The Minister of Industry recently issued new guidelines that apply to reviewable transactions for the acquisition of control of a Canadian business where the proposed acquirer is a foreign state-owned enterprise.

The Investment Canada Act requires that where a non-Canadian proposes to acquire control of a significant Canadian business, the Minister of Industry (or the Minister of Canadian Heritage in respect of cultural businesses) must review and approve the acquisition. The Minister must be satisfied that the proposed acquisition is likely to be of "net benefit" to Canada before issuing the approval. The application process usually takes 45 to 75 days.

The new guidelines reflect the potential for concern that the Minister may have with the "governance and commercial orientation" of some state-owned enterprises (i.e., enterprises that are controlled directly or indirectly by foreign governments).

Further, the guidelines specify that the Minister will examine the corporate governance and reporting structure of the state-owned entity and that this examination will include whether the non-Canadian adheres to Canadian standards of corporate governance — including, for example, commitments to transparency and disclosure, independent members of the boards of directors, independent audit committees and equitable treatment of shareholders, and to Canadian laws and practices.

As many state-owned enterprises are probably not public companies, it is not clear how the guidelines in respect of some of these commitments that typically apply to public companies (such as independent directors, audit committees and treatment of shareholders) would apply.

In making the net benefit determination, the guidelines state that the Minister will assess whether the Canadian business to be acquired by the state-owned enterprise will continue to have the ability to operate on a commercial basis regarding a number of important indicia, including where exports go, where processing takes place, the participation of Canadians in the operations and the level of capital expenditures to maintain the Canadian business. A foreign government-controlled entity can therefore anticipate that to secure approval by the Minister, it may be required to provide undertakings beyond those normally expected of a privately owned company.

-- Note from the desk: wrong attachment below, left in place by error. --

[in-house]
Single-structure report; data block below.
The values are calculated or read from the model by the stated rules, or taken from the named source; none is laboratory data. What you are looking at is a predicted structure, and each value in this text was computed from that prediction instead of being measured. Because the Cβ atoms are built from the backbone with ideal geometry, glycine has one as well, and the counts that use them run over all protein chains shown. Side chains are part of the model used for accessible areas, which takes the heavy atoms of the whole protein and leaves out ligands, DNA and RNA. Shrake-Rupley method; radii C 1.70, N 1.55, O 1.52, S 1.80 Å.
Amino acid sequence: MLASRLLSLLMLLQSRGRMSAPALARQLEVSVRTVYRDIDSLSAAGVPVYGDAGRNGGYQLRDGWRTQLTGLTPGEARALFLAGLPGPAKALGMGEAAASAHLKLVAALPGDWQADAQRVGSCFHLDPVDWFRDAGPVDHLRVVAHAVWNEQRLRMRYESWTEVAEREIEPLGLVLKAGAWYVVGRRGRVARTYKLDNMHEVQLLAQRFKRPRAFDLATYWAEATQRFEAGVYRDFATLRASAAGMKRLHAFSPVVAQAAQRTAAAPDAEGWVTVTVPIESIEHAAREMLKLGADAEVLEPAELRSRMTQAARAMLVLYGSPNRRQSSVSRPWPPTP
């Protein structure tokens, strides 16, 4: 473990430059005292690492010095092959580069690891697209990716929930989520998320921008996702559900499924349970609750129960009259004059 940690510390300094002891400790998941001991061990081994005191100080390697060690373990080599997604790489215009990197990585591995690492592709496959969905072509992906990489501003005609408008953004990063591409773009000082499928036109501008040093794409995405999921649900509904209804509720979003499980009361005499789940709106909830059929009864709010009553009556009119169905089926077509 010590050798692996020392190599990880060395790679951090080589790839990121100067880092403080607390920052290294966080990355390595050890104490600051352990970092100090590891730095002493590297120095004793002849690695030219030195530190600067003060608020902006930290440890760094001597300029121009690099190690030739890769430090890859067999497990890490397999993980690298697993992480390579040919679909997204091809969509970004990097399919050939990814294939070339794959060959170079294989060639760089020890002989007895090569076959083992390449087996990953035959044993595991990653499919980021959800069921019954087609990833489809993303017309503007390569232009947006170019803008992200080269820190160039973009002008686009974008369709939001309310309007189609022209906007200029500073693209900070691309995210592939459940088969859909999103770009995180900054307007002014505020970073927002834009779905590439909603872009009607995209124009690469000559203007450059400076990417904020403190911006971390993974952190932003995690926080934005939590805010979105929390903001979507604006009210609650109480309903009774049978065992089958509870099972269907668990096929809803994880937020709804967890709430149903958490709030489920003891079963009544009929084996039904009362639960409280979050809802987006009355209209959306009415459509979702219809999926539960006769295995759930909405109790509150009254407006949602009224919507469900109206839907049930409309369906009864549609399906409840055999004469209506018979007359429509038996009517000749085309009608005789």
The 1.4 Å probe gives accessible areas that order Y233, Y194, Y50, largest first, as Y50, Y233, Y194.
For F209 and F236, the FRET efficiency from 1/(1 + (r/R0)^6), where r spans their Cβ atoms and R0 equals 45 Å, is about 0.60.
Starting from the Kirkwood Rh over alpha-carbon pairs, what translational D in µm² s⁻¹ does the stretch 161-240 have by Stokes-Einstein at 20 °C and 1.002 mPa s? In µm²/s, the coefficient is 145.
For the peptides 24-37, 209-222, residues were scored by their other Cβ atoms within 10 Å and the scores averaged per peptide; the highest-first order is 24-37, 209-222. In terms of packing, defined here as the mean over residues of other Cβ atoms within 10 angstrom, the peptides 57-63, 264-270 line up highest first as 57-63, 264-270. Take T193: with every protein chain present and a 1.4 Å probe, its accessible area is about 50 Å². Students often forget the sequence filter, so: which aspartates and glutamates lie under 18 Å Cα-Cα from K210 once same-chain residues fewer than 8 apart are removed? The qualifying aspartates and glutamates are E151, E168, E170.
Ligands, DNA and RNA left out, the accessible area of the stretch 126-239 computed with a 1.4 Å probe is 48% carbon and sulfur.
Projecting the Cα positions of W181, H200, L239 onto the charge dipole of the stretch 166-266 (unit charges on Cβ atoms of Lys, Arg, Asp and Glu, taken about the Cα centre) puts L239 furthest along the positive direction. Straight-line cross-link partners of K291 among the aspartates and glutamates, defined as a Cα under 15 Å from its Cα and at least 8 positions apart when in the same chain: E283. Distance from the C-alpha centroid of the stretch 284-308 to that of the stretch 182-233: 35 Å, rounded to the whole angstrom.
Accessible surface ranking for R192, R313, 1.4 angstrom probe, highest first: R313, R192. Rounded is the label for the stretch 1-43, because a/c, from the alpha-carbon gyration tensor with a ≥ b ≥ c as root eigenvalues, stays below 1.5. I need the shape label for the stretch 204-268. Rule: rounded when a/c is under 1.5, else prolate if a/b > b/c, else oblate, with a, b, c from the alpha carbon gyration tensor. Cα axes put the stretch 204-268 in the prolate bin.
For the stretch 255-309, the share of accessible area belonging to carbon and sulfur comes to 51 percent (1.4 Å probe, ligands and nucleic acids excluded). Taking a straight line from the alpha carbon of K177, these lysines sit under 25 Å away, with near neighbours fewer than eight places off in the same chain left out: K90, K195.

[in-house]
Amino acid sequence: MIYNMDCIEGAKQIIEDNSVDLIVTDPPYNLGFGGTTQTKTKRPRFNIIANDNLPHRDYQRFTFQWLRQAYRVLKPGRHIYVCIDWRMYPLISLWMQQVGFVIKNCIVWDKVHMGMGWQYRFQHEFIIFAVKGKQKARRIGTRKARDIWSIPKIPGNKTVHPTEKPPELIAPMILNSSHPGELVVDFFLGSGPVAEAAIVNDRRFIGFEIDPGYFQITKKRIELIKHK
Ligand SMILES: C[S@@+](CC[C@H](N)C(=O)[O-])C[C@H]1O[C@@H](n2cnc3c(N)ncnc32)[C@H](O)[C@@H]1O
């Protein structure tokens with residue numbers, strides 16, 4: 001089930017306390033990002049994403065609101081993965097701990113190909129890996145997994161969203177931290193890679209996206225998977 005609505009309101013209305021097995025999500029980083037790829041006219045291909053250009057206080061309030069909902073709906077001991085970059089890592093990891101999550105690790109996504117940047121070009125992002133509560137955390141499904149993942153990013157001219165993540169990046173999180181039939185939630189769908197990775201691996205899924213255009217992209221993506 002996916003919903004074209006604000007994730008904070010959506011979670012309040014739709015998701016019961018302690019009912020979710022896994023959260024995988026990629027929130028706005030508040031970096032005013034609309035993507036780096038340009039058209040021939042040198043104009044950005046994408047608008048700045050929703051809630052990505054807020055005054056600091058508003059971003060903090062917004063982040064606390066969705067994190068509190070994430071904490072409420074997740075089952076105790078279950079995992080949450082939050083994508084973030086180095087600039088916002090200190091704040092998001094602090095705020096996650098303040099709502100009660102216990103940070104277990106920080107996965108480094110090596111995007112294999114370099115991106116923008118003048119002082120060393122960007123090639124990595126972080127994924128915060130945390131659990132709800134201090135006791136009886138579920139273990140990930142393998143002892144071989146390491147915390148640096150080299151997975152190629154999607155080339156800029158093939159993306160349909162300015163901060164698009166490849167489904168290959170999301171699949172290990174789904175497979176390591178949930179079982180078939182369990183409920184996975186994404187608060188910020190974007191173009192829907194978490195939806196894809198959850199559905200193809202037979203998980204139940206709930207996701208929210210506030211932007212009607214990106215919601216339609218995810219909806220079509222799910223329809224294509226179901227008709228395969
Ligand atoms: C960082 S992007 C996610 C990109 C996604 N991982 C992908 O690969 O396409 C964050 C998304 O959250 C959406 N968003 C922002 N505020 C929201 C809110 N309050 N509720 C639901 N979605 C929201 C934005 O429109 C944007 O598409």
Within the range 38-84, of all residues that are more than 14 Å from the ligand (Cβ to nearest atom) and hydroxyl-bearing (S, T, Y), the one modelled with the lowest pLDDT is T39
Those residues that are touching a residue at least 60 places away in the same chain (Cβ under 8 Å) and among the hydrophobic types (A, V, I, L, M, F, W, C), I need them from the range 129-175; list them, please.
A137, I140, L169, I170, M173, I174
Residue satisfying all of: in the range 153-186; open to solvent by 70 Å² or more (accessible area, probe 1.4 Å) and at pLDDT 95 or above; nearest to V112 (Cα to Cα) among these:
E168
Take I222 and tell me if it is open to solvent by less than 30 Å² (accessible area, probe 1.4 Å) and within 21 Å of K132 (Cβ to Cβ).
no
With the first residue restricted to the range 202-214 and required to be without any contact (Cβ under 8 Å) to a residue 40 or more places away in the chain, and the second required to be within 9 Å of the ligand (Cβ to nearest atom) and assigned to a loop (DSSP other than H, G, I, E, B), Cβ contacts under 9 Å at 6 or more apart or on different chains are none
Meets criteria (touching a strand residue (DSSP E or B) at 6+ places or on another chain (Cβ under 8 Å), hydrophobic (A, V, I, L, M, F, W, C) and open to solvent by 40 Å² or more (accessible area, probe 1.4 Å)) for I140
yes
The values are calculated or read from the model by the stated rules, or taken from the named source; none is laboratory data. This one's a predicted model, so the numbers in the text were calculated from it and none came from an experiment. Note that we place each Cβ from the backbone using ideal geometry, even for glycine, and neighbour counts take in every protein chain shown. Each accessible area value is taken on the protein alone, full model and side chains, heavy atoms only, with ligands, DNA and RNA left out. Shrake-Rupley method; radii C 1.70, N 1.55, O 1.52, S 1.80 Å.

McCarthy Tétrault Notes:

While the new guidelines do not amend the Investment Canada Act — indeed the Minister states that the factors of assessment enumerated in the Act will be continue to be applied — the guideline sends a clear signal that acquisitions by entities controlled by a foreign government will be subject to additional scrutiny. The guidelines go so far as to suggest that state-owned enterprises should submit specific undertakings at the time of the application. Undertakings are usually submitted at a much later stage of the application process.

The increased scrutiny to which entities owned by foreign governments will be subject will not apply to transactions that are not otherwise subject to review under the Investment Canada Act as described in the 2008 update below.